New research finds that some employees aren’t keeping the faith – in their bosses.
A new study from Interaction Associates, a workplace performance improvement company, concluded that 40 percent of workers said they don’t have a high level of trust in their individual bosses or in their organization as a whole. More than one-quarter of those surveyed said they trust their boss less this year than they did in 2013.
Interestingly, employees rated their co-workers as more trustworthy than their supervisors. The study found that 54 percent of workers feel safe communicating their ideas and opinions to colleagues and peers, compared with 38 percent who feel the same about their company’s leaders.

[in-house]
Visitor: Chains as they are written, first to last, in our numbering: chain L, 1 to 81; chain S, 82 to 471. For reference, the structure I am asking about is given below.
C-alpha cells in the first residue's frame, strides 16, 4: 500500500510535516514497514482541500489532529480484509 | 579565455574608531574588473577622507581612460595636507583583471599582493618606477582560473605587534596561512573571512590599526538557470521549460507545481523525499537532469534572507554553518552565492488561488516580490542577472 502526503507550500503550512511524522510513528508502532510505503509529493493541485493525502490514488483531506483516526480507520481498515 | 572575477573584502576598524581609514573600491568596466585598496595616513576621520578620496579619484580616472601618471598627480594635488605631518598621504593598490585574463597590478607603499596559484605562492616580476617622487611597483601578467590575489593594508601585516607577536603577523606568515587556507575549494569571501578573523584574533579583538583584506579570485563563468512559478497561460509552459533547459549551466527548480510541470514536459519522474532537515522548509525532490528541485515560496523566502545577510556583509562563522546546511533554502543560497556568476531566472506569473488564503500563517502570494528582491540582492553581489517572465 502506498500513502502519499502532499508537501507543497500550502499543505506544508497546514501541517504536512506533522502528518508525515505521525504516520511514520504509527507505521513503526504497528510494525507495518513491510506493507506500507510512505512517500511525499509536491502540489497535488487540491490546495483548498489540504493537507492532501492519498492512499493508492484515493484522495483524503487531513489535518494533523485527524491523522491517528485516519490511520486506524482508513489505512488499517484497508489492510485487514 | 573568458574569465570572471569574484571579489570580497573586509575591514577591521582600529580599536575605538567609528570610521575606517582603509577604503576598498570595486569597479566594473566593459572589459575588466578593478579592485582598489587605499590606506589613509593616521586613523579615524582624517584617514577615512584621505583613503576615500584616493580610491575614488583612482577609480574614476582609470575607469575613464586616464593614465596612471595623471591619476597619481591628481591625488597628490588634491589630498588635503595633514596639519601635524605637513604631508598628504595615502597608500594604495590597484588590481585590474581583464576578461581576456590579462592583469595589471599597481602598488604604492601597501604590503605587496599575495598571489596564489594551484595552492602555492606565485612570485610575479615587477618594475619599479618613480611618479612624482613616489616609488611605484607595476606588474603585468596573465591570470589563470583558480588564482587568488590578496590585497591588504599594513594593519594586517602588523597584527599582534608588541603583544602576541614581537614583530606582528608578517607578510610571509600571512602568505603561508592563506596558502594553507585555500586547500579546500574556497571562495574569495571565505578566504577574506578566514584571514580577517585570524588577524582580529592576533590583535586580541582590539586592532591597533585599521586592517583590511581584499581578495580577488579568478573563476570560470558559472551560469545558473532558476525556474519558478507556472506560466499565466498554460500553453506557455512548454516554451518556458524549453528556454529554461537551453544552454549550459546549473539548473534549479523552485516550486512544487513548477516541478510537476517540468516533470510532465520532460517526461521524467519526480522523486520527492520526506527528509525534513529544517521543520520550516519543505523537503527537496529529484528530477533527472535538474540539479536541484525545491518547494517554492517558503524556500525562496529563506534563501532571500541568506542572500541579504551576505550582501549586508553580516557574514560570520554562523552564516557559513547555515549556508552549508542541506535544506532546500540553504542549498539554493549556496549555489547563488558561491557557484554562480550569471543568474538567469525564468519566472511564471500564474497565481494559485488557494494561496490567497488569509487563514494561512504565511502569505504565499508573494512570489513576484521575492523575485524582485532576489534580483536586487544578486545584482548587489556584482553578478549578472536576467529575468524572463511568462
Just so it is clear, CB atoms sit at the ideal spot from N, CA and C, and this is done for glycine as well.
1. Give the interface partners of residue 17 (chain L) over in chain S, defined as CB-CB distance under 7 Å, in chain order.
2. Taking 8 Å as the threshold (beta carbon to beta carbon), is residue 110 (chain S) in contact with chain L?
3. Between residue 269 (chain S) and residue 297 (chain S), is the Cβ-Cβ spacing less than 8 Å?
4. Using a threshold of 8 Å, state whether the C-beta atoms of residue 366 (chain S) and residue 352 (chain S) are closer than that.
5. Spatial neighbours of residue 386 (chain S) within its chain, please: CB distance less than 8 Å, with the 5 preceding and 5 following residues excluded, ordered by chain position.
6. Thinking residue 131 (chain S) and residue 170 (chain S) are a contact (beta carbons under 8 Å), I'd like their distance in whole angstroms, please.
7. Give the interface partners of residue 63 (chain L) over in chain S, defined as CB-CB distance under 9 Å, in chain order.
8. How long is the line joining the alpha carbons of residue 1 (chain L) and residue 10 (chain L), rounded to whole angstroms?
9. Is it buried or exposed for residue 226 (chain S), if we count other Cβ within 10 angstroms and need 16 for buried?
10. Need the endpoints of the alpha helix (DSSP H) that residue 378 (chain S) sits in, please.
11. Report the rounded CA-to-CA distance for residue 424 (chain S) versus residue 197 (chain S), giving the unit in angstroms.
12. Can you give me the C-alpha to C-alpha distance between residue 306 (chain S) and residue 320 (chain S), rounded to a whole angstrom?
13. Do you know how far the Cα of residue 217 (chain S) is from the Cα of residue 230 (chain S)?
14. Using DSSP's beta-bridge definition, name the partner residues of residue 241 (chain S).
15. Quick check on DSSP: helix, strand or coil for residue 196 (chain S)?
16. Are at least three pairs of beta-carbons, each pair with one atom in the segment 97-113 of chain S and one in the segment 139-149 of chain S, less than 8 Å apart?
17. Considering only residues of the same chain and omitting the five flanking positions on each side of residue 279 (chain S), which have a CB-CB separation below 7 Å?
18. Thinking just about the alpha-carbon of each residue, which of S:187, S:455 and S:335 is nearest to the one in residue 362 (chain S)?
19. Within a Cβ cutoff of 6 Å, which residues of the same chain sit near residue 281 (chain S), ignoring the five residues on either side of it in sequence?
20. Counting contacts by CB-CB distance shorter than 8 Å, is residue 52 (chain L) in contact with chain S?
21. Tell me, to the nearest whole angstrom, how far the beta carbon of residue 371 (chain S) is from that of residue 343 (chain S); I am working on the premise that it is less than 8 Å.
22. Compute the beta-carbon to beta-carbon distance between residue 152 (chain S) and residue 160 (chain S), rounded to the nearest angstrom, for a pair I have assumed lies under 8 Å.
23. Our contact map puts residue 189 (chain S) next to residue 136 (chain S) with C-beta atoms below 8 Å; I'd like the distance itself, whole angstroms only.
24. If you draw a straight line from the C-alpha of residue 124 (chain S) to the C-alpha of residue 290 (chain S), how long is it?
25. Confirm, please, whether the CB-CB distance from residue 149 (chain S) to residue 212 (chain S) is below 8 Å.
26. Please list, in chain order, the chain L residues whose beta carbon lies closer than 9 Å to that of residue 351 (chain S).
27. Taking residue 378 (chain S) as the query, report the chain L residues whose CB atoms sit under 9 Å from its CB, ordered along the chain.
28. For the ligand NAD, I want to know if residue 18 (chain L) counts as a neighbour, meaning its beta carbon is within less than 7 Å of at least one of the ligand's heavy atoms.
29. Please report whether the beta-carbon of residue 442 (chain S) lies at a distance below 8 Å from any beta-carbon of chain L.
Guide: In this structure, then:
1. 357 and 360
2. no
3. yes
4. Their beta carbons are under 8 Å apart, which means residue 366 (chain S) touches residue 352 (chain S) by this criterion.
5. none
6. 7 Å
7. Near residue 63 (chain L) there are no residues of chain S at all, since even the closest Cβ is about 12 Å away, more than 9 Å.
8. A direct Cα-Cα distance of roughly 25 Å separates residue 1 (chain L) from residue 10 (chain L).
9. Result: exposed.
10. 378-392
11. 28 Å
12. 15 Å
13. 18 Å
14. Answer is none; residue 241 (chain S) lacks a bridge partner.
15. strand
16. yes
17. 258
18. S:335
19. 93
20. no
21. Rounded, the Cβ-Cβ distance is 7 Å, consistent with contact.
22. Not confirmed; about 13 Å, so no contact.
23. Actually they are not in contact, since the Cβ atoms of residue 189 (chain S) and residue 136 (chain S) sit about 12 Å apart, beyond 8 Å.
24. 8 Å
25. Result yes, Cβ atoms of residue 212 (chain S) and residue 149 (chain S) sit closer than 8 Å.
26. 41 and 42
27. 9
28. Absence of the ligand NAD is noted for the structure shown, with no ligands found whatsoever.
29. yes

The study also revealed that:
- companies that have a high level of trust among their employees are 2.5 times more likely than those that don’t to be leaders in revenue growth
- businesses that lead in trust significantly outperform all other organizations in achieving key business goals
- 80 percent of employees believe high levels of trust inside an organization foster both innovation and investment in new projects
The study was based on surveys of more than 500 employees at companies worldwide in a range of job functions and industries.
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